Our backyard had been free of black cats for as long as we've lived in this house, well over 400 days, except that over the last two nights, a black cat has visited our yard, meowing at the doors and windows. It's reasonable to think that it will visit again tonight. Yet 99.5% of evenings have been free of black cats. So how can it be inductively reasonable to think a black cat will visit tonight?
Presumably, it is because the data from the last two days is more relevant than the data from the earlier days, even though there are two orders of magnitude more black-cat-free days. But why is that data more relevant?
Granted, yesterday and the day before are more temporally similar to today than the other days. But why should temporal similarity override other kinds of similarity? No doubt there are many features (say, temperature, lunar phase, etc.) in respect of which today is more like some other day in the past 400 than like yesterday or the day before—after all, the earlier 398 days have a wide diversity of properties. But temporal similarity seems particularly important.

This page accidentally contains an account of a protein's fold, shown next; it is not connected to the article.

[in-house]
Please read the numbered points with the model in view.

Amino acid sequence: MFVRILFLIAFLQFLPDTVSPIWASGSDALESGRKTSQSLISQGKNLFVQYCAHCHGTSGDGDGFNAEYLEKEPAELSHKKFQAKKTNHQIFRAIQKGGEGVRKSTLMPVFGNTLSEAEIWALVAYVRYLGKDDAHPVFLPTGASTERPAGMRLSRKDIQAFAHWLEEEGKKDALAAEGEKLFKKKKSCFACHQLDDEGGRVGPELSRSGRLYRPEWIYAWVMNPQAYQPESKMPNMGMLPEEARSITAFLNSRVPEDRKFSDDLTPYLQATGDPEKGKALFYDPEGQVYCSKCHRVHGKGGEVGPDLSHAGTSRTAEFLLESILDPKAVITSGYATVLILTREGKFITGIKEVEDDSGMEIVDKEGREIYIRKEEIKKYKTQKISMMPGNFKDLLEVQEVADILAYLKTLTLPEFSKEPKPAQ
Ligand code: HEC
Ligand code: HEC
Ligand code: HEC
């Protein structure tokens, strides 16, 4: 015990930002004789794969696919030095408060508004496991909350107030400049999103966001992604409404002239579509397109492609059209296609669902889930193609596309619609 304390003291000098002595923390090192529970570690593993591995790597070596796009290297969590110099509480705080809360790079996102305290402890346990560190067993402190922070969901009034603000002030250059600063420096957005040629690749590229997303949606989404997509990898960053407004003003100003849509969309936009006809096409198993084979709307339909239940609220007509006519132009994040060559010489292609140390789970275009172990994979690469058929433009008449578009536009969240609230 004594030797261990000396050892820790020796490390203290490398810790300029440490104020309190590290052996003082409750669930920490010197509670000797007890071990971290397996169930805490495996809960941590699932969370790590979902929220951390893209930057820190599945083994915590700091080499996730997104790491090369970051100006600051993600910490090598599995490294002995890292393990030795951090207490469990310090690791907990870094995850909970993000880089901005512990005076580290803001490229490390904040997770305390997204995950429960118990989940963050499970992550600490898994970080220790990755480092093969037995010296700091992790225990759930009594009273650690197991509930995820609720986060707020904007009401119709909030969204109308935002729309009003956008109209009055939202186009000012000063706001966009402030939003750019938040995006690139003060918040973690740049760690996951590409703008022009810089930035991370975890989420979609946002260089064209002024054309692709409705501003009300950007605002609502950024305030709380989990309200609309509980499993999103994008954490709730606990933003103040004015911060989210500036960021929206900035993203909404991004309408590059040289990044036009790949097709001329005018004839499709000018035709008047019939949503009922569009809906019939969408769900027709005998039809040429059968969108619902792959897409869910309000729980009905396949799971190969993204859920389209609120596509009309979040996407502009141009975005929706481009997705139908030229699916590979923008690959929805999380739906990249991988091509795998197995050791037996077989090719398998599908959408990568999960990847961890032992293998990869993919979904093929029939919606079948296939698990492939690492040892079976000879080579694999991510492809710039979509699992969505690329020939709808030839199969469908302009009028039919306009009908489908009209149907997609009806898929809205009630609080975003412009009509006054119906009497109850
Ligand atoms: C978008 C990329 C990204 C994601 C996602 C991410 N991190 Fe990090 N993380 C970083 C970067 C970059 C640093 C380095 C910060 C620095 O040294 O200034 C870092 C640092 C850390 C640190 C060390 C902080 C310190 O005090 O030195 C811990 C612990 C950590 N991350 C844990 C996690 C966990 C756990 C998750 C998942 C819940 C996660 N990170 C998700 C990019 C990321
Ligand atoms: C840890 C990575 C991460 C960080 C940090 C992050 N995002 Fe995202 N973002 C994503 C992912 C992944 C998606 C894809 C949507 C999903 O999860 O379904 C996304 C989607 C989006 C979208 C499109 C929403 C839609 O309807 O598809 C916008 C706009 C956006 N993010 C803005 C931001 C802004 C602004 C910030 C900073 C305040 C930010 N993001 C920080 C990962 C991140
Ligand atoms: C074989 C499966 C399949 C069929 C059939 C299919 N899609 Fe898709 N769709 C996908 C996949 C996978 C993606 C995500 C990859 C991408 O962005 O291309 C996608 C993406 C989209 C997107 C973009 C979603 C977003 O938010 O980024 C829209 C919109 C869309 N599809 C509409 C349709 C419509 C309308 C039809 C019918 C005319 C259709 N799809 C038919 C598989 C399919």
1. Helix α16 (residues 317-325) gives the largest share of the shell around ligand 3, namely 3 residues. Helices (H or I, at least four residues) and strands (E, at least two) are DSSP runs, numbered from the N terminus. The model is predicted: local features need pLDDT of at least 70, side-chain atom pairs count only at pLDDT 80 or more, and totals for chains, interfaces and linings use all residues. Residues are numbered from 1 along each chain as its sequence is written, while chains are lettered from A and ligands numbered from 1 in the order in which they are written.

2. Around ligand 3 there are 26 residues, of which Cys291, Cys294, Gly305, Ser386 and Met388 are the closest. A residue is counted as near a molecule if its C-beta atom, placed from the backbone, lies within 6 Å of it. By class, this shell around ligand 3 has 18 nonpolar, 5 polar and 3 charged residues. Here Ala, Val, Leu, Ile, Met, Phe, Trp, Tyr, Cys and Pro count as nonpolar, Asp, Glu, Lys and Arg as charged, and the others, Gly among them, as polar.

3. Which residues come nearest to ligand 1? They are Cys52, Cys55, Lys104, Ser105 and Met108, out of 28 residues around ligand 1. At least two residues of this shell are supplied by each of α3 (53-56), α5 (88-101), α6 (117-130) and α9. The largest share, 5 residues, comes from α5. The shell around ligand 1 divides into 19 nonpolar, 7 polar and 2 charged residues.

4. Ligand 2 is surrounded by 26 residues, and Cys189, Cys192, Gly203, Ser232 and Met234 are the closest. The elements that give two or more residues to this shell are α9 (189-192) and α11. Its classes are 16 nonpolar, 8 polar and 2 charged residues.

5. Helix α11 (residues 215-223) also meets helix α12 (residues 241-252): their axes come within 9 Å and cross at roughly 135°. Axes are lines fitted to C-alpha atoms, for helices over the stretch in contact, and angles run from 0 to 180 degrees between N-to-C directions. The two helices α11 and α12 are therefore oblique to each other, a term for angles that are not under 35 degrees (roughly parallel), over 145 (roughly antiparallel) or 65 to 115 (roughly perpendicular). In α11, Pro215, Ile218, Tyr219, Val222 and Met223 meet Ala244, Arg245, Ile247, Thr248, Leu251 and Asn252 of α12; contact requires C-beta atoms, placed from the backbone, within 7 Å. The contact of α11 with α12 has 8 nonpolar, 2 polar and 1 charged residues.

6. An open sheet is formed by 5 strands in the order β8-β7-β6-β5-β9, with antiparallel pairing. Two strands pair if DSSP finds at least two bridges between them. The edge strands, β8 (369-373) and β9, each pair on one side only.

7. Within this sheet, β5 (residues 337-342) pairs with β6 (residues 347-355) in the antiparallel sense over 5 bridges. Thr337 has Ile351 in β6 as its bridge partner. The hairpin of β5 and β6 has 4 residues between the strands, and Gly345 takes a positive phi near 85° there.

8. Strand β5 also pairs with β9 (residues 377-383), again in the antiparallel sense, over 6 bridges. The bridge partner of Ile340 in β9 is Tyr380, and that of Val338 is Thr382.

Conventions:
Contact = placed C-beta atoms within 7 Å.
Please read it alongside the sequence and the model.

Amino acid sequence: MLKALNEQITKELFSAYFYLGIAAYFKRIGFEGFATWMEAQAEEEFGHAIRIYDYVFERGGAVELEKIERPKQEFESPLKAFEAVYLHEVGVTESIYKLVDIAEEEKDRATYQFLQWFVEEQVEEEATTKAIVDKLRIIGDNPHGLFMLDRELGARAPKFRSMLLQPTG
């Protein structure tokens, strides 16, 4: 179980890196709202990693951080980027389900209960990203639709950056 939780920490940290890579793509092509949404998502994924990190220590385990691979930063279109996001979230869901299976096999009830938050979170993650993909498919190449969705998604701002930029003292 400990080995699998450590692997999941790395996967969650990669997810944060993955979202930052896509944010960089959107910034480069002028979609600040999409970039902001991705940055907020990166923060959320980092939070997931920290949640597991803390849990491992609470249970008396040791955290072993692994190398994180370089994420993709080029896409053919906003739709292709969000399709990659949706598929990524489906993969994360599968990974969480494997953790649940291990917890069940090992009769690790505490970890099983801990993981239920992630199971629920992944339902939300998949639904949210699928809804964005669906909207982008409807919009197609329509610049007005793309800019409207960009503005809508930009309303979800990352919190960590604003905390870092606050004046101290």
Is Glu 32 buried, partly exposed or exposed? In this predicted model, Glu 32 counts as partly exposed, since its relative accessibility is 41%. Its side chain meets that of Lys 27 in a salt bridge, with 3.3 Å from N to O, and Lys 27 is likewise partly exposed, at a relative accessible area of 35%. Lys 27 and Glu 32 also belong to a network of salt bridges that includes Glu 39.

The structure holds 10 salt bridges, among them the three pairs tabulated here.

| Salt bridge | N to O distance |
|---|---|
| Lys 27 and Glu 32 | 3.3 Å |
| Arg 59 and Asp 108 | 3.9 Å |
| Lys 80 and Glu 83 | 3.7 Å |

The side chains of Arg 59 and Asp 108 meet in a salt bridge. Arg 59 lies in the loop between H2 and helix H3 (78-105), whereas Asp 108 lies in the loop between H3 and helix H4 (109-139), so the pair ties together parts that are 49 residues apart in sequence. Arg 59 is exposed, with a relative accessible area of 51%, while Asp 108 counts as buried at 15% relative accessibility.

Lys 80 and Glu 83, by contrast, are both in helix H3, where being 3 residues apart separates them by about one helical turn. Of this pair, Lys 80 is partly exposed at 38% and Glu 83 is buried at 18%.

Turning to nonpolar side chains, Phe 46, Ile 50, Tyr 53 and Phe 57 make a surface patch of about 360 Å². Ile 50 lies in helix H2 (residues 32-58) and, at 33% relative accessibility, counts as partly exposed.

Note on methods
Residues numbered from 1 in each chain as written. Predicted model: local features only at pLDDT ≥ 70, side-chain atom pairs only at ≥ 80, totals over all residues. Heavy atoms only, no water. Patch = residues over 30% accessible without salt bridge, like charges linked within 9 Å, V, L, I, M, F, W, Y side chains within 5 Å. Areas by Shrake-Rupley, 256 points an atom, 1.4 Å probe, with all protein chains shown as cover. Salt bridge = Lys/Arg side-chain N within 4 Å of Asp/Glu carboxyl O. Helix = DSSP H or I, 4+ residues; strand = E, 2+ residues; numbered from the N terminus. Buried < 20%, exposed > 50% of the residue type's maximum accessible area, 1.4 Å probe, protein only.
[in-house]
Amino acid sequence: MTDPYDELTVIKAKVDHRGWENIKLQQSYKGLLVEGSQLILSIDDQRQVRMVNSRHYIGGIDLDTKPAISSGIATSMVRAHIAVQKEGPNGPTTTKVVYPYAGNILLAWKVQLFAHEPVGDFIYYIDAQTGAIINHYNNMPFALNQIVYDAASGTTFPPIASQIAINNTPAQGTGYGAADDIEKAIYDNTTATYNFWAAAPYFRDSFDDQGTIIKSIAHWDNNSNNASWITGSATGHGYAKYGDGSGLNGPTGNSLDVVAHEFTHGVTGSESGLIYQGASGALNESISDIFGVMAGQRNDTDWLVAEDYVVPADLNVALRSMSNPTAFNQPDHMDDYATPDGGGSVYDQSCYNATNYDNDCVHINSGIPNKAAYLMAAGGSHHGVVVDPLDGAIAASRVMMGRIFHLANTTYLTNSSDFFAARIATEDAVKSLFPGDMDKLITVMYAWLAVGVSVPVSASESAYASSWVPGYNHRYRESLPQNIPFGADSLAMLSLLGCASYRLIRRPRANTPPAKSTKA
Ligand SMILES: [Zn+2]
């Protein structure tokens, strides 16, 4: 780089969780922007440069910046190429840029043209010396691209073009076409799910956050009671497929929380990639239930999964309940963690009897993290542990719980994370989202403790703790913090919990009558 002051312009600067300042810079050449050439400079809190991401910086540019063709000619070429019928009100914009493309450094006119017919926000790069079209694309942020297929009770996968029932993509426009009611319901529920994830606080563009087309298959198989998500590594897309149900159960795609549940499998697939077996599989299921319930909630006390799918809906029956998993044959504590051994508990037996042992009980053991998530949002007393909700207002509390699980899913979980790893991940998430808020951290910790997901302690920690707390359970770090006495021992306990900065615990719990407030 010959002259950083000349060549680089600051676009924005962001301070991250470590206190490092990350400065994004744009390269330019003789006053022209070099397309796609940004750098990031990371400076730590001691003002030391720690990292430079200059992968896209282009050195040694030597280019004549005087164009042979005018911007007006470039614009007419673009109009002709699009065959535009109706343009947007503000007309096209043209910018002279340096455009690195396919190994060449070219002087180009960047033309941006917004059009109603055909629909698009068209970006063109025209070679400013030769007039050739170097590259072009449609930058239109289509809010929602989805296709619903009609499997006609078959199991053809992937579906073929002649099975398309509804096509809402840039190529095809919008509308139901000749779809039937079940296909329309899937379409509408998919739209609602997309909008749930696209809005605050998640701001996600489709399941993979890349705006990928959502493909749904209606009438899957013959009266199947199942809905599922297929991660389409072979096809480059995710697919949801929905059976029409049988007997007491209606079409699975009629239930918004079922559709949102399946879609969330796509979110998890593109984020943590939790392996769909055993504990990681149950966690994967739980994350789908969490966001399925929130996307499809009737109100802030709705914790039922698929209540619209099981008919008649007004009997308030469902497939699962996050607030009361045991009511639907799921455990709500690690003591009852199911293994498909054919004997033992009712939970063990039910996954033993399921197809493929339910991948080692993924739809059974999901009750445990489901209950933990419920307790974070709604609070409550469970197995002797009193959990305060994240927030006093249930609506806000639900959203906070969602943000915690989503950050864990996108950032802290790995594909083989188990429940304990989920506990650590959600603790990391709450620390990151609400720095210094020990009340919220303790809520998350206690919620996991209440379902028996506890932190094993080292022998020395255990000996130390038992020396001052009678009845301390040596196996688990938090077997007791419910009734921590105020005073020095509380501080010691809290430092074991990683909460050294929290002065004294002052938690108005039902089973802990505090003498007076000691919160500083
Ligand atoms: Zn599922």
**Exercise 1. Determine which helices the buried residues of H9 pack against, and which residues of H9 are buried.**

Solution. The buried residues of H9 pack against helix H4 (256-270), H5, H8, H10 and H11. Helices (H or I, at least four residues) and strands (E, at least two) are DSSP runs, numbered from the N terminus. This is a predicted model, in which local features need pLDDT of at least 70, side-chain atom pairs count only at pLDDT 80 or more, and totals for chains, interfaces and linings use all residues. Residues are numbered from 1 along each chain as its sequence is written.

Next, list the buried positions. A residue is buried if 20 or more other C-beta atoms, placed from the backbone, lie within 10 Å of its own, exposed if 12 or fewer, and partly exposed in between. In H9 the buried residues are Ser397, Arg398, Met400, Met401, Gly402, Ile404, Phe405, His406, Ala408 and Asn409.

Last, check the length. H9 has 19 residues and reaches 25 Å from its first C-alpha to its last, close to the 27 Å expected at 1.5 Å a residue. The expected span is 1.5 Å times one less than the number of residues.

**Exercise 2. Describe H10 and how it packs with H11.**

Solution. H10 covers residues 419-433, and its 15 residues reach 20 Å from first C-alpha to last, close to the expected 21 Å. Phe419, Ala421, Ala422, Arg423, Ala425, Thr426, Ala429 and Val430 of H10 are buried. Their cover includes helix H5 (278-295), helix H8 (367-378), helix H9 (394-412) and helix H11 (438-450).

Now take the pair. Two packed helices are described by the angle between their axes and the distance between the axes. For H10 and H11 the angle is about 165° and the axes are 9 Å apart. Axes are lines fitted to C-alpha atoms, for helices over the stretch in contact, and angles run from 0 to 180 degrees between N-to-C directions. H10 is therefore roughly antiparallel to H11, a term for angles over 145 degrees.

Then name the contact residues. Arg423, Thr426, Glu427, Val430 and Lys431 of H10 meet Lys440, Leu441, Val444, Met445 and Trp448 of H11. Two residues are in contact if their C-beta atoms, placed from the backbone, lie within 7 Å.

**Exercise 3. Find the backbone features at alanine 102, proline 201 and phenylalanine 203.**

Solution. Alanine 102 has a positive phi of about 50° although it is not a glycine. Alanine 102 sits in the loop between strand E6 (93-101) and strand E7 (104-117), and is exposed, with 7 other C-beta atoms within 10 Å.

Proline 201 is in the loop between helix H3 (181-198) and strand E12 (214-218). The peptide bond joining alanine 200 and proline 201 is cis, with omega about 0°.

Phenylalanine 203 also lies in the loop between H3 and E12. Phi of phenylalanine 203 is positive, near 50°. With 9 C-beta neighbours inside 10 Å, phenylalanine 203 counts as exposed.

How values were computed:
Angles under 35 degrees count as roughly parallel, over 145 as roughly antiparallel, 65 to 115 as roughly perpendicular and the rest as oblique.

Maybe it is because we expect clumping, both in time and in space. Two black-cat evenings suggest the beginning of a clump.
I am curious: Is our expectation of clumping a priori justified or only a posteriori? Clumping seems to be a kind of
continuity. Is an expectation of continuity a priori justified or only a posteriori?